Otherwise, if you set up a trust with the funeral home, they will use these funds to pay for your arrangements. If there is anything not covered by your trust or insurance payout, your family will still need to pay for these arrangements. 

How much do prepaid funeral plans typically cost? 

There is a lot of variation in how much pre-paid funeral plans typically cost. The full price depends on your specific wishes and final arrangements, as well as your location. Most of these plans cost between $10,000 and $25,000. 

These may or may not be more affordable than a typical insurance policy. In most cases, it’s more cost-effective to use an alternative way to pre-pay for your final expenses other than arranging this with a funeral home. 

» MORE: Save $$$ and time with our tools. Start now.

Why Do People Choose Pre-Paid Funeral Plans?

With all of that in mind, why do people choose pre-paid funeral plans? Though they’re not a fit for everyone, there are certainly some clear benefits. Again, it all comes down to your personal comfort level and wishes.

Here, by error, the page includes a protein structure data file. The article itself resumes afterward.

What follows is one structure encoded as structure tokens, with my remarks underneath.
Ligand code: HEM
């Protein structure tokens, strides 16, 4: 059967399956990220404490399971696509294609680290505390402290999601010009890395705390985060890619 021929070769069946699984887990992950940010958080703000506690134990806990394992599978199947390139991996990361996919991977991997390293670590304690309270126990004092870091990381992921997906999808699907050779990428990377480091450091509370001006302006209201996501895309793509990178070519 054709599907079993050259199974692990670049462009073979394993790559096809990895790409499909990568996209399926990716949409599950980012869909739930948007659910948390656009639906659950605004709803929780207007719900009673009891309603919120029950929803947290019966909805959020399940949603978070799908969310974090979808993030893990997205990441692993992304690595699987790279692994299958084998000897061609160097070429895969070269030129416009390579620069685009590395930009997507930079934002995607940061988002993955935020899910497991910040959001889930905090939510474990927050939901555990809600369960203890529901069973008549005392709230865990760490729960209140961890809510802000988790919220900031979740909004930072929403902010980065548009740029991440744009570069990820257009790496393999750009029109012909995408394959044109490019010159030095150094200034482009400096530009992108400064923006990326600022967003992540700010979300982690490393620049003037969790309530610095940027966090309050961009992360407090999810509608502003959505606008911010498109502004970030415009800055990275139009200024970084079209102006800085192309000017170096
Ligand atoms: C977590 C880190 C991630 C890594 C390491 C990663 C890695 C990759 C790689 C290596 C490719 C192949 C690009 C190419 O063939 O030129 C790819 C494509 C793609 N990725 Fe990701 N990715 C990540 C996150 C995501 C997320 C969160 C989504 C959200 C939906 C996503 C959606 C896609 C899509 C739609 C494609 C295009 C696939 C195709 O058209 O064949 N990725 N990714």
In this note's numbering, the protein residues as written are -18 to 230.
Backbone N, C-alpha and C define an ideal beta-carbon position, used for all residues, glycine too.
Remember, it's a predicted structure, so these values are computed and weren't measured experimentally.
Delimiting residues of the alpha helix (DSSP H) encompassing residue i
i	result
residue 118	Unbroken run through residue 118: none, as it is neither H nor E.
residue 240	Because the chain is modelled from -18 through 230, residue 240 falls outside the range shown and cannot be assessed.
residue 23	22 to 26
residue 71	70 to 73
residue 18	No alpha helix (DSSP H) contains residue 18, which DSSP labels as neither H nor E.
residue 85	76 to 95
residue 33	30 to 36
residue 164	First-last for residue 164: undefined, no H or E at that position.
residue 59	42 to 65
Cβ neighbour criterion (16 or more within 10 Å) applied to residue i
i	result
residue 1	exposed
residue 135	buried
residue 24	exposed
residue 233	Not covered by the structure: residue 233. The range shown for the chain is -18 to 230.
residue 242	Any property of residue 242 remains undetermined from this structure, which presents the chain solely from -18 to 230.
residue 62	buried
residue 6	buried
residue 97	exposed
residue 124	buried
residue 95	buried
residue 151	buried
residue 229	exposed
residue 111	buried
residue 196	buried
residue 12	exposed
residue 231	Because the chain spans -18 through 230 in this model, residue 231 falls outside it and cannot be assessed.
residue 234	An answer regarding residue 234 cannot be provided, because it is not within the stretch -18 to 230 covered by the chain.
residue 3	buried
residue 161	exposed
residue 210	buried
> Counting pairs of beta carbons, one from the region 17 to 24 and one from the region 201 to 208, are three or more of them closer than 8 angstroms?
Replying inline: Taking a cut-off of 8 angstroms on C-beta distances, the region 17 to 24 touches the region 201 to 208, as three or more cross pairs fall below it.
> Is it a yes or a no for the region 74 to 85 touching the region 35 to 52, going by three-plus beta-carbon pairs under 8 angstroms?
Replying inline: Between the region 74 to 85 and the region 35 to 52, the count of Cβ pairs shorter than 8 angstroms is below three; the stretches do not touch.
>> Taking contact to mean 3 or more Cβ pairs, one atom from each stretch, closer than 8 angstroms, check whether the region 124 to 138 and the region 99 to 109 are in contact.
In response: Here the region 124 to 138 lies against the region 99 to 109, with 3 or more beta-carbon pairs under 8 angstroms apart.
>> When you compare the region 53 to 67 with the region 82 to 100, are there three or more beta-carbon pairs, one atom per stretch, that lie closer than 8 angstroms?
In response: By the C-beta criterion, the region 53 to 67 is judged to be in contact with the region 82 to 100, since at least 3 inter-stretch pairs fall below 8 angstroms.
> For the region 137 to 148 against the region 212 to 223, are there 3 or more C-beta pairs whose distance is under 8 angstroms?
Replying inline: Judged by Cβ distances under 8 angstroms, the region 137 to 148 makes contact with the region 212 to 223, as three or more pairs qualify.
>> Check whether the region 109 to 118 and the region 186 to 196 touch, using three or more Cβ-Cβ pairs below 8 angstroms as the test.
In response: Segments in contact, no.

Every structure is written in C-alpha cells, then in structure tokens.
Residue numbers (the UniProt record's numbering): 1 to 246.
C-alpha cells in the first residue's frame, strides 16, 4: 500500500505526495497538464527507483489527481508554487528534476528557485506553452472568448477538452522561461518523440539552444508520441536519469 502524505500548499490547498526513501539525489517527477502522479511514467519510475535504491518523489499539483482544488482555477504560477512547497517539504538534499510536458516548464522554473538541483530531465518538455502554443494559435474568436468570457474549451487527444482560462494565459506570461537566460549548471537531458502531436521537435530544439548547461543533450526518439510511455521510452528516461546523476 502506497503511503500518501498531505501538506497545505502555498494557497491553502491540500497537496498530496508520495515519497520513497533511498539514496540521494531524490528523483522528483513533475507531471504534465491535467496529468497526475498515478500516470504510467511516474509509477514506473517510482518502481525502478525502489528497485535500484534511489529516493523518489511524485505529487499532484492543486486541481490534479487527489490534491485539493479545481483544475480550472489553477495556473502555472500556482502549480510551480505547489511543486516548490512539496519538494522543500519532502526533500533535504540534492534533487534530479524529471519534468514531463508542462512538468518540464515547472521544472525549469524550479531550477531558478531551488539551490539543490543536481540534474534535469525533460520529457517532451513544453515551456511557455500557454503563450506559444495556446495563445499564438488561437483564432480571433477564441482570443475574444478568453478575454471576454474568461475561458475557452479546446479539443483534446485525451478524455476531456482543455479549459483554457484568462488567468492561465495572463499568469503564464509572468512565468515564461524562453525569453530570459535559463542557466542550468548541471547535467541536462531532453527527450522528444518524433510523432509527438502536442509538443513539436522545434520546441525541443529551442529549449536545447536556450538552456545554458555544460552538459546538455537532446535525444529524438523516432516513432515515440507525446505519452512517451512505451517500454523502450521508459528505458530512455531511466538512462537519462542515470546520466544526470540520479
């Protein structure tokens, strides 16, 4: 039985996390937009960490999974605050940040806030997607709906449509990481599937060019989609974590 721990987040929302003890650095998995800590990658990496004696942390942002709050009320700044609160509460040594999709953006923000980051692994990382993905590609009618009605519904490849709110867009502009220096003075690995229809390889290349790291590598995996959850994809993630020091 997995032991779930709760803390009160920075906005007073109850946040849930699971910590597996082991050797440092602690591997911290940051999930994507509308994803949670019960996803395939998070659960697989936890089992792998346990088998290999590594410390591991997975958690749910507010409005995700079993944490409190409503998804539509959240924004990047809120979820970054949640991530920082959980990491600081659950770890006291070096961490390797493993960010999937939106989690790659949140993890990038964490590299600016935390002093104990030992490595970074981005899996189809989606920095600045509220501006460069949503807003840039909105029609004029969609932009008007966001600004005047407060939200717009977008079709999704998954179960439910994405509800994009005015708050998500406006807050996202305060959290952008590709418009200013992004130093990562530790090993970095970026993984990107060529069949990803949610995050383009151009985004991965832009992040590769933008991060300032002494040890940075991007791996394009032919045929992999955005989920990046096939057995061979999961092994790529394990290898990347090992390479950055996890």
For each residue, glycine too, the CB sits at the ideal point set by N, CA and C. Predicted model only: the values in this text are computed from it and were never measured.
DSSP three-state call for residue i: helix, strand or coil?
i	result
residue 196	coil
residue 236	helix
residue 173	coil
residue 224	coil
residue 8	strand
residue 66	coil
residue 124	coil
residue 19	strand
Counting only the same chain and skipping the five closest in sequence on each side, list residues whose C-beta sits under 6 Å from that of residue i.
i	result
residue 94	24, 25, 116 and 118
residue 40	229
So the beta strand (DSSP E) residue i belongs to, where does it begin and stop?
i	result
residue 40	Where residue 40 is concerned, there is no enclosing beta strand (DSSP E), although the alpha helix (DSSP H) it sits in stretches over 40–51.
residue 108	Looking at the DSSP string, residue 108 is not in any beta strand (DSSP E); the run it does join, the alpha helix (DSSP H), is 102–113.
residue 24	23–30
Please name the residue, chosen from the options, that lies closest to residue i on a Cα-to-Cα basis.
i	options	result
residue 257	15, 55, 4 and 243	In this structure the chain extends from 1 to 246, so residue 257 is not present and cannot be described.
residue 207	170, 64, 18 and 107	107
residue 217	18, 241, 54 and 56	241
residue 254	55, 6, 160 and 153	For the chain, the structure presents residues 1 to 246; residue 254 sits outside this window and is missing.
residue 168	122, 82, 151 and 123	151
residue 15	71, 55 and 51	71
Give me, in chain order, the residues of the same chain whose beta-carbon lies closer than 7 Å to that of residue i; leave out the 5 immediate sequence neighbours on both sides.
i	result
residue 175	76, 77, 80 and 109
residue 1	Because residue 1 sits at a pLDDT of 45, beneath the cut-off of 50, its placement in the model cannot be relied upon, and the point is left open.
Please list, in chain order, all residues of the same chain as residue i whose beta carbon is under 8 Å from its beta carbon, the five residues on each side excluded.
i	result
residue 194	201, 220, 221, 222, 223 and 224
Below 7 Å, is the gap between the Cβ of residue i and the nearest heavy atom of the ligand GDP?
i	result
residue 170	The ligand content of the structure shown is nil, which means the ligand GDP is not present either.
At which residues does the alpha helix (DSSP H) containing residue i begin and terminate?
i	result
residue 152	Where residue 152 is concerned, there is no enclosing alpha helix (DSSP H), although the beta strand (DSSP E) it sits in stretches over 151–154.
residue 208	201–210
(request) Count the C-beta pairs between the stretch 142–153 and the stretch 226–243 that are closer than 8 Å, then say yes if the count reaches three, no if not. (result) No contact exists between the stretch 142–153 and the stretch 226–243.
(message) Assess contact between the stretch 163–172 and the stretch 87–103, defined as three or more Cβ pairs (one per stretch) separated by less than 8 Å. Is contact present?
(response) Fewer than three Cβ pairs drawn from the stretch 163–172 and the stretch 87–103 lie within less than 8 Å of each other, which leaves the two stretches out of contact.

• Peace of mind: Knowing your arrangements are made and paid for in advance gives you peace of mind. 
  • Family: It’s common to worry about what your family will do when you’re gone. These pre-payments relieve that uncertainty.
  • Cost-effective: Because you can lock in a one-time rate, this might end up being more affordable depending on the future cost of funerals near you.
  • Funeral home: Lastly, some people feel strongly about using a specific funeral home. This is a way to make sure your wishes are honored.